Air Chief Marshal M Anwar Shamim graduated as a pilot from Point Cook, Australia in 1954. After his jet conversion on Vampires in Australia, he was posted to PAF’s first jet unit, No 11 Squardon, which he later went on to command in 1963. In 1964, he was given charge of PAF’s elite 33 Wing, which he commanded during the 1965 War. He led the famous raid on Amritsar’s radar, which earned him a Sitara-i-Jur’at. In 1968, he was sent to Jordon as Air Adviser to King Hussein. On return to Pakistan, he took over as Air Defense Sector Commander – South, in which capacity he controlled air defense operations in 1971 War. He had the privilege of commanding Sakesar, Korangi Creek and PAF’s largest, Masroor, Air Bases. He was appointed Assistant Chief of Air Staff in 1975. In 1978, he was selected to be the Chief of Air Staff, an appointment he held till 1985. He was instrumental in two important developments in the PAF that have helped it remain second to none: Introduction of Regional Commands to decentralise command and control and ensure better liaison with the Army and Navy field formations; secondly, the induction of F16s which redressed the imbalance against the traditional adversary India over the years."An Air force facing multiple threats cannot mature and become a self-assured fighting force overnight. Air Chief Marshal Shamim inherited an air force, a large part of which had yet to be operationally trained and fully tested in its fighting mettle. He therefore set himself the goal of attaining the highest possible level of operational preparedness for the PAF within the resources, which the nation could make available. This was no easy task. Taking into consideration our grave security situation, he drove himself and all of us hard and relentlessly."Newly-appointed CAS, then Air Marshal Jamal A Khan's tribute to outgoing CAS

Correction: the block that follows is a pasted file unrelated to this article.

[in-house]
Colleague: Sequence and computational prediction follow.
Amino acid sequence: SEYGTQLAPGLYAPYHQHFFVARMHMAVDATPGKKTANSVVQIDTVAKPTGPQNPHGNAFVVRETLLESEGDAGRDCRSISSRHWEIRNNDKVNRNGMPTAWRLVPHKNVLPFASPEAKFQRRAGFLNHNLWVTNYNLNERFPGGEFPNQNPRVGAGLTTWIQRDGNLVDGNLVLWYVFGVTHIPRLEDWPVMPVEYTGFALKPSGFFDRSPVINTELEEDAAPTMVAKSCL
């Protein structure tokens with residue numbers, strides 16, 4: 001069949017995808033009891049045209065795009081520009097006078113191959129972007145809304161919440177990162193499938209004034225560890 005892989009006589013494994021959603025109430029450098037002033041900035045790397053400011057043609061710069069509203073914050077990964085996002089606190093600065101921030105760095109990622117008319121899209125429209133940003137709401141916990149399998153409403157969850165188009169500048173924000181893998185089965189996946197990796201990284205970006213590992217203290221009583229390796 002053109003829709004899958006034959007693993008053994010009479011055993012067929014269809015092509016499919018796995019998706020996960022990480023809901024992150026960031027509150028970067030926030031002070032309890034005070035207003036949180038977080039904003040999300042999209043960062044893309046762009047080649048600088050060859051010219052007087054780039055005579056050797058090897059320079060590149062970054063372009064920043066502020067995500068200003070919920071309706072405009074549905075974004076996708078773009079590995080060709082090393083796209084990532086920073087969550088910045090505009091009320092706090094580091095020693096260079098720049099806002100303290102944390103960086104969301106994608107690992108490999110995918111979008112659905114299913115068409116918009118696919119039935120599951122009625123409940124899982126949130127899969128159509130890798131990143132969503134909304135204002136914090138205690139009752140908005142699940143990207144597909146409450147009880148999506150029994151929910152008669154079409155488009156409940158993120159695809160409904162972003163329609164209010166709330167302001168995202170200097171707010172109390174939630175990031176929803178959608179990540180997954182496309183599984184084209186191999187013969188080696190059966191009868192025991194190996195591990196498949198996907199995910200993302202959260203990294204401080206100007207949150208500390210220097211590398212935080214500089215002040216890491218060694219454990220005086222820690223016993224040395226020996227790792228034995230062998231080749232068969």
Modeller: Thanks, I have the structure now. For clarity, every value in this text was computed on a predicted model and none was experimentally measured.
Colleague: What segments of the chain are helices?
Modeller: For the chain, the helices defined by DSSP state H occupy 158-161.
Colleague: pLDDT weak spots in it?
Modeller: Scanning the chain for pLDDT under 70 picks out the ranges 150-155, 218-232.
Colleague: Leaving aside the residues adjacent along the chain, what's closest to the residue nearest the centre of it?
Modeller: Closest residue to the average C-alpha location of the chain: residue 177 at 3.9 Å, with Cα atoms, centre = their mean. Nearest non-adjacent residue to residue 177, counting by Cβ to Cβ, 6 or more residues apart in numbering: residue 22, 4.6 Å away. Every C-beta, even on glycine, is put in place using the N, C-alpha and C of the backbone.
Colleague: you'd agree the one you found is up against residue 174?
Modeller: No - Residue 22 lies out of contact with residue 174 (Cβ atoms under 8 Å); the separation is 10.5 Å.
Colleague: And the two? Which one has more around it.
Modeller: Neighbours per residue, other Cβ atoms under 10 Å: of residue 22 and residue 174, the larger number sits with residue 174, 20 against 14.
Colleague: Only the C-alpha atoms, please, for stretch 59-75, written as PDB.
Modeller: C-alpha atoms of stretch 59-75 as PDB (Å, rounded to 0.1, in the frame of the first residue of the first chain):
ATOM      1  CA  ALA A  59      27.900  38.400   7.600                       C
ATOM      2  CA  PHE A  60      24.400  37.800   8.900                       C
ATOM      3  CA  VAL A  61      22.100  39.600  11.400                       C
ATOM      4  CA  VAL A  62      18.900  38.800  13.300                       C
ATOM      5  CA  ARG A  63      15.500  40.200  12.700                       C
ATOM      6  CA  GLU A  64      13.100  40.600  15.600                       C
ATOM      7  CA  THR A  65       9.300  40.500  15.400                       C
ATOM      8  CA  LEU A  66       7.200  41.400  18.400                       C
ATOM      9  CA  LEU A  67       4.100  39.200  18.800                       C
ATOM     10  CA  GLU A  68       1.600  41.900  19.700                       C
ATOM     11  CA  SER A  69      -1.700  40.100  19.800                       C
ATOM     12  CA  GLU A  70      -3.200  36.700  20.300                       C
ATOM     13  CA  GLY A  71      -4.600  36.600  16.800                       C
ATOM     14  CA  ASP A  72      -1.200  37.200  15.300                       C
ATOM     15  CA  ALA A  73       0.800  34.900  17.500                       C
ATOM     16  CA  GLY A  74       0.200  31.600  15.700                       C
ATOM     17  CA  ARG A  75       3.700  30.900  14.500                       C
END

CUTTING EDGE PAF
A Former Air Chief's Reminiscences of a Developing Air Force
“Cutting Edge” is Air Chief Marshal M Anwar Shamim’s account of experiences in the Pakistan Air Force (PAF). He writes from the vantage point of a former head of the service. The interesting aspect is that the account coincides with the emergence of Pakistan on world map as an independent entity. This makes the author’s story synonymous with the development of the nascent state. PAF is one national institution that can rightly claim an unblemished past, present and future. The author gives credit to the founding fathers for their visionary leadership and highlights the contributions of all key players who were instrumental in shaping the destiny of the aerial defenders. It is a story as much of equipment as it is of people; rather it presents a blending of the two. The author takes pride where pride is due but without any rancour or ill feeling. Herein we get to know ACM Shamim as a man and as a professional officer. Anecdotal in structure, the narrative is full of facts and we have a book available for consultation and study. It is a must-read for all.
Publisher: VANGUARD BOOKS